Exploring the origins of dog breeds is an ongoing passion of mine. You may remember I’ve already shared some fascinating information about two breeds that originated in Scotland: Shetland Sheepdogs (aka Shelties) and Golden Retrievers. Of the fifteen Scottish breeds still in existence today, six were purposely bred to herd and drive livestock. One of these is the breed known as the Border Collie.
The origin of the Border Collie is, like many other Scottish breeds, a matter of debate. There is, however, some agreement that the Romans may have brought their drover dogs to this far-flung outpost of the Roman Empire, followed by Viking invaders with their smaller Spitz-like dogs. Cross-breeding the larger Roman dogs with the smaller Viking dogs resulted in medium-sized double-coated dogs who adapted well to the climate of the British Isles and the challenges of working in rough terrain. These dogs were agile, highly intelligent, and excelled at herding as well as other tasks.
Despite the speculation regarding the specific orgin of the breed, research suggests the modern-day Border Collie may be traced back to a single dog known in Scotland as Auld Hemp (Old Hemp in English). From the Border Collie Museum we learn that Old Hemp, having sired more than 200 pups in his short life, is considered the progenitor of the modern-day Border Collie breed.
Today, there are generally four recognizable ‘types’ of Border Collie: the Northumbrian; the Wiston Cap; the Nap, and Herdman’s Tommy. You can learn about each type’s individual characteristics and ancestry through a Google search for the specific type. You might also find it interesting to read books such as Sheila Grew’s Key Dogs from the Border Collie Family. Here’s an excerpt from Grew’s frequently cited work:
A century ago many of the [working collies] were hard, powerful rather unfriendly dogs, difficult to control and rough with the stock, but their keen handling instinct, their concentration and great power over the sheep or cattle were such useful assets that it seemed worth trying to find a milder natured type of working collie to cross with these hard dogs.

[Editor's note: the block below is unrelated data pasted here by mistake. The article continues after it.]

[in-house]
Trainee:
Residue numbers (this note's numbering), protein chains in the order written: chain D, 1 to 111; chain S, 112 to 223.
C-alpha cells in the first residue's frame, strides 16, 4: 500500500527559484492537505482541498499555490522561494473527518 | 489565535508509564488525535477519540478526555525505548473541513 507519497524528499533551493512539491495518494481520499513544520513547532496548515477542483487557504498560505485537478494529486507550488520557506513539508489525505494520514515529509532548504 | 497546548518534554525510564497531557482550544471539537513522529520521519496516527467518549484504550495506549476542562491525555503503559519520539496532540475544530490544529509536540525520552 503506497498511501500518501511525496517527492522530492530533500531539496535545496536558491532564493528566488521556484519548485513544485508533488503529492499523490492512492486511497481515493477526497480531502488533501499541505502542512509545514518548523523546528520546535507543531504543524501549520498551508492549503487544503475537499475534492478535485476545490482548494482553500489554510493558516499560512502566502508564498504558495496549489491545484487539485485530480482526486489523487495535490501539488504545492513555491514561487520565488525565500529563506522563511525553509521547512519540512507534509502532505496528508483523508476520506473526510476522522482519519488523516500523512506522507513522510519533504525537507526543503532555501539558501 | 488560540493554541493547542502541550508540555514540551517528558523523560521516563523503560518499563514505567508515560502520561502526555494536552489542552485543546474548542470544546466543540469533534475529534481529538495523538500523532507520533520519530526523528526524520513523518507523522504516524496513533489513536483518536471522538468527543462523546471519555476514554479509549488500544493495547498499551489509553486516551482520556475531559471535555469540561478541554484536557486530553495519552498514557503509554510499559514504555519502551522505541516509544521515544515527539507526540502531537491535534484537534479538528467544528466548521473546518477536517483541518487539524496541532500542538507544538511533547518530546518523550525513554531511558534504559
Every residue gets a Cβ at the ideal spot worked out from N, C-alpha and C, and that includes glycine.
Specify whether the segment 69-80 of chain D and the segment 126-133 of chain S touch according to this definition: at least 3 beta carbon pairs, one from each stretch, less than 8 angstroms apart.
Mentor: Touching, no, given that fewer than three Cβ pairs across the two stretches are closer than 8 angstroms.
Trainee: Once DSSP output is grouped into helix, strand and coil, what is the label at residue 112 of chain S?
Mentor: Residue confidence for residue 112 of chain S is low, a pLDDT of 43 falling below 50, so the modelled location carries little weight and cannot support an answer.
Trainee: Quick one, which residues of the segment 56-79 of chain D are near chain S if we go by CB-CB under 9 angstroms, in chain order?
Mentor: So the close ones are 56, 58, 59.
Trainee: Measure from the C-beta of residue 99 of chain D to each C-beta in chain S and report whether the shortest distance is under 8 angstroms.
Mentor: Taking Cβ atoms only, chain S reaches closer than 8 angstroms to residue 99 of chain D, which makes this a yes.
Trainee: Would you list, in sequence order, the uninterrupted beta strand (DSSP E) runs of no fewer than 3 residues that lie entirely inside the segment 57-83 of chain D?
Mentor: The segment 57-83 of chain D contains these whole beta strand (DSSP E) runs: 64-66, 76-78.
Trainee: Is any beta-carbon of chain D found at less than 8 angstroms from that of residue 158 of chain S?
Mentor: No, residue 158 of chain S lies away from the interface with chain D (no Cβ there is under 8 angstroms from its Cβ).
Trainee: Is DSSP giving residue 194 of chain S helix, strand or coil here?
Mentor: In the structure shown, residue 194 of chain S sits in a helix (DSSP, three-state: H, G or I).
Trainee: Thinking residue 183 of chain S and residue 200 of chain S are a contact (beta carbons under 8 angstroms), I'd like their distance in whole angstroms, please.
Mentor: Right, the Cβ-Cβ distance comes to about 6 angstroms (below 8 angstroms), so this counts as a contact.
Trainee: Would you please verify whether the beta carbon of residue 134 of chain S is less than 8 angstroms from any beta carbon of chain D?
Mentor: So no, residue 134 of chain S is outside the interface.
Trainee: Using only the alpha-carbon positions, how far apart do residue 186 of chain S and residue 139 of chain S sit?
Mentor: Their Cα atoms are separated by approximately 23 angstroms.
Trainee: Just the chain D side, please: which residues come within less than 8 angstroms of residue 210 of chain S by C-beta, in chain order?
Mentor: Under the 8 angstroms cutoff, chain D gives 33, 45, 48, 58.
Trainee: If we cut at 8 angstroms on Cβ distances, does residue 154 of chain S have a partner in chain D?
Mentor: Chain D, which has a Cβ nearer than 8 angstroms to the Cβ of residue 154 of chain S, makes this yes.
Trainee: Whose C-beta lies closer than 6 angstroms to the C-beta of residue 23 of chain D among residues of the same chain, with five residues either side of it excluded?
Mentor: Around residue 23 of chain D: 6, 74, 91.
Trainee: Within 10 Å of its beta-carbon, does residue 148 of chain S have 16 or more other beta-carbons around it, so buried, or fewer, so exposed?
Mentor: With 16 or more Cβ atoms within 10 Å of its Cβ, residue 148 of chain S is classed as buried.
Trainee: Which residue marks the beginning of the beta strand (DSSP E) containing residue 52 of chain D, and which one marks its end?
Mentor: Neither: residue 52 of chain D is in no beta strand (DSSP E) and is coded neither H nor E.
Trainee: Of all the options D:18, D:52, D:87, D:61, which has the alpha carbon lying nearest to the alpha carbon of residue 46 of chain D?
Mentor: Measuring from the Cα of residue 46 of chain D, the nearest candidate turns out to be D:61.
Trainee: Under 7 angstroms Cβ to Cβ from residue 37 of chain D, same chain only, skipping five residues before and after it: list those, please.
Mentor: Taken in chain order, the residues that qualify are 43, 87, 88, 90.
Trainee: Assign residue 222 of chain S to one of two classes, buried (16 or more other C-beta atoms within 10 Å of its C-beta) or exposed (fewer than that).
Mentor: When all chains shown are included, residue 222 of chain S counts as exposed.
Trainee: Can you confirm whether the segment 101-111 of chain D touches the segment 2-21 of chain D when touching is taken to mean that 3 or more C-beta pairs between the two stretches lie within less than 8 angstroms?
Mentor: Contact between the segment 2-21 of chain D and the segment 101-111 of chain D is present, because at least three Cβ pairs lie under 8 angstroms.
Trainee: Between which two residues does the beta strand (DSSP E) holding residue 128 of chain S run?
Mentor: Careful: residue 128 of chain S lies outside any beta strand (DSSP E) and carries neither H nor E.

One shepherd who took a keen interest in breeding and training sheepdogs was the Northumbrian, Adam Telfer, and he succeeded in finding the right blend of the two types of dog. The result was a canine genius called Hemp…who died in 1903 having sired over 200 puppies and founded the modern breed of Border Collie.
Whatever its origin, the Border Collie is now recognized by many as the ultimate herding dog with a natural instinct to herd using its “eye” to control livestock by staring at them in a silent and unwavering manner. No other breed appears to have this ability.
In the 1940s, Britain’s Ministry of Information created The Pattern of Britain documentaries, and in 1944 one of those short films focused on the lives of Scottish crofters. (Crofting is a traditional social system, unique to the Scottish Highlands and islands, focused on small-scale food production in common working communities.) If you’re a history buff, you’ll appreciate this glimpse of the old traditions still practiced in this highland community. Dog lovers will appreciate the skills of the Border Collies and other working dogs who can be seen demonstrating their unique ability to collect the sheep scattered among the craggy mountains and drive them down to the crofts.
In this film, you can see those dogs in action beginning about the 7:00-minute mark of the presentation. As you’ll hear, this activity is repeated five times each year, with the men and their dogs travelling a distance of 30 miles or more, and climbing 3,000 feet to reach the higher peaks where the sheep can be found.
Today, Border Collies continue to serve as working dogs for farmers, crofters, and shepherds around the world. As the breed evolved, though, so too did their purpose. While some types of the breed continue to herd and drive livestock, others have been bred for conformation, agility, and other athletic events. Still others serve as companion dogs and service animals. If you can provide the necessary physical and mental stimulation the breed requires, this intelligent, energetic dog might be the right one for you!